China Goes Global

Silicon Shenzhen

For a few years now, technology and business journalists have been boasting about Shenzhen, proclaiming the erstwhile sleepy fishing village to be the Silicon Valley of the Orient. This bombastic designation, however, overlooks the nuances that define these two distinct centers of technological and commercial innovation. In order to appreciate the very individual natures of Shenzhen and the Valley, it’s crucial to appreciate their disparate yet similar histories.

Image of Shenzhen

Like Shenzhen, much of the early expansion of Silicon Valley was directly financed by government capital. Where Shenzhen’s first big boost came from the government’s declaration of a Special Economic Zone, Silicon Valley was the beneficiary of generous funding provided by the American Department of Defense. That funding paid for the development of the microcomputer, microprocessor, ARPANET (the Internet’s predecessor), and the silicon-based integrated circuit after which the Valley is named. These technologies have made the modern digital revolution possible, but would have developed far more slowly—if at all—without this nearly guaranteed source of financing.

However federal funding only provided the starting seed, and in both locations real growth in the technology industry was made possible through the proliferation and evolution of venture capital: investment in new, unproven businesses fraught with unknown risks. While in the Valley, venture capital firms have always been private companies distinguished by their small size and pioneering character, the biggest player in Shenzhen is the government-owned Shenzhen Capital Group. The West, particularly U.S. observers, are skeptical of a government enterprise’s ability to innovate but, after being declared China’s #1 venture capital firm from 2011-13, the naysayers today are markedly quieter.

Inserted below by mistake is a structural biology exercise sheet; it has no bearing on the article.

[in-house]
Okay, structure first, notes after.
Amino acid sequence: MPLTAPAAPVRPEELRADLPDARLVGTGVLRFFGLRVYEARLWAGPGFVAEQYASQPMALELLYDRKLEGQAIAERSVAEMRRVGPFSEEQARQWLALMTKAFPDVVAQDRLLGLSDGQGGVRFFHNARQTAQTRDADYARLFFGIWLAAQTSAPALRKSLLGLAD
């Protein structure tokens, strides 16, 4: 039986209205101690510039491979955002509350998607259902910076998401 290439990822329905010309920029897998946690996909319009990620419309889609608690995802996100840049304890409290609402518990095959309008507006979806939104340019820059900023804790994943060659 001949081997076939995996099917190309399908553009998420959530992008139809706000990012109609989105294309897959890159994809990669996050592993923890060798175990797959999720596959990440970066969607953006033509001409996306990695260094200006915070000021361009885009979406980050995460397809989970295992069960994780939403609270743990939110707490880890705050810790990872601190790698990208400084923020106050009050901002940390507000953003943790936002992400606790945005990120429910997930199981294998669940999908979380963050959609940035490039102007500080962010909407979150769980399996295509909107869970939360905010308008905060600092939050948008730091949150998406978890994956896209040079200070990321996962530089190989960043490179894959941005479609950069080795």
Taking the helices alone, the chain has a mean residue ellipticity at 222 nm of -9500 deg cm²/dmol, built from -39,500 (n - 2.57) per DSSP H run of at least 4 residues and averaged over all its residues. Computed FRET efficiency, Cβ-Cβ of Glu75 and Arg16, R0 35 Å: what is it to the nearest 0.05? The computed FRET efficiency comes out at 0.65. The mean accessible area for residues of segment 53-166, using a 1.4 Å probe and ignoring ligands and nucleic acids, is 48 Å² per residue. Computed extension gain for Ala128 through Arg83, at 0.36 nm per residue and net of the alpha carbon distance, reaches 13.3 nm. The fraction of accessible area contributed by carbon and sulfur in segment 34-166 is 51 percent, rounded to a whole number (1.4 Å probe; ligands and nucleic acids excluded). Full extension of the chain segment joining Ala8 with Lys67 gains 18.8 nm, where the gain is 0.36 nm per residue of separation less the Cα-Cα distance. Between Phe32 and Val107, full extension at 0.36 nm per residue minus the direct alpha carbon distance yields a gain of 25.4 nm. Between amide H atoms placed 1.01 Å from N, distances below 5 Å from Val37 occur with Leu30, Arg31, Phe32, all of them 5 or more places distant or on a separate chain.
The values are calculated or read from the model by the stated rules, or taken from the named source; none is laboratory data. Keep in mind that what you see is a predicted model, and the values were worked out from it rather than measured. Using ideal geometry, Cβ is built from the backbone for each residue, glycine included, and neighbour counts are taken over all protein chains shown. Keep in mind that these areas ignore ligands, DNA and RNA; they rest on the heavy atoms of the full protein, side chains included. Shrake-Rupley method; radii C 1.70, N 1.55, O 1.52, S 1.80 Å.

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Money, though, isn’t the only variable in the equation that has made Silicon Valley so distinct; idiosyncrasies in California law favors entrepreneurs, often at the expense of more established businesses. More importantly, there’s a legal infrastructure in place to assure the fast formation, funding, and expansion of high technology companies. With a notoriously vague legal system, evidently ever-fluid laws, and an average 33-day wait to obtain a business license, compared to the U.S.’s 5 days, it may be impossible for Shenzhen to replicate Silicon Valley’s speedy evolution from idea to enterprise.

Join us next week as we continue to compare the two metropolises head-to-head. We will examine each area’s contribution to the world and what Shenzhen still needs to do to complete the transformation of “China-con Valley.”

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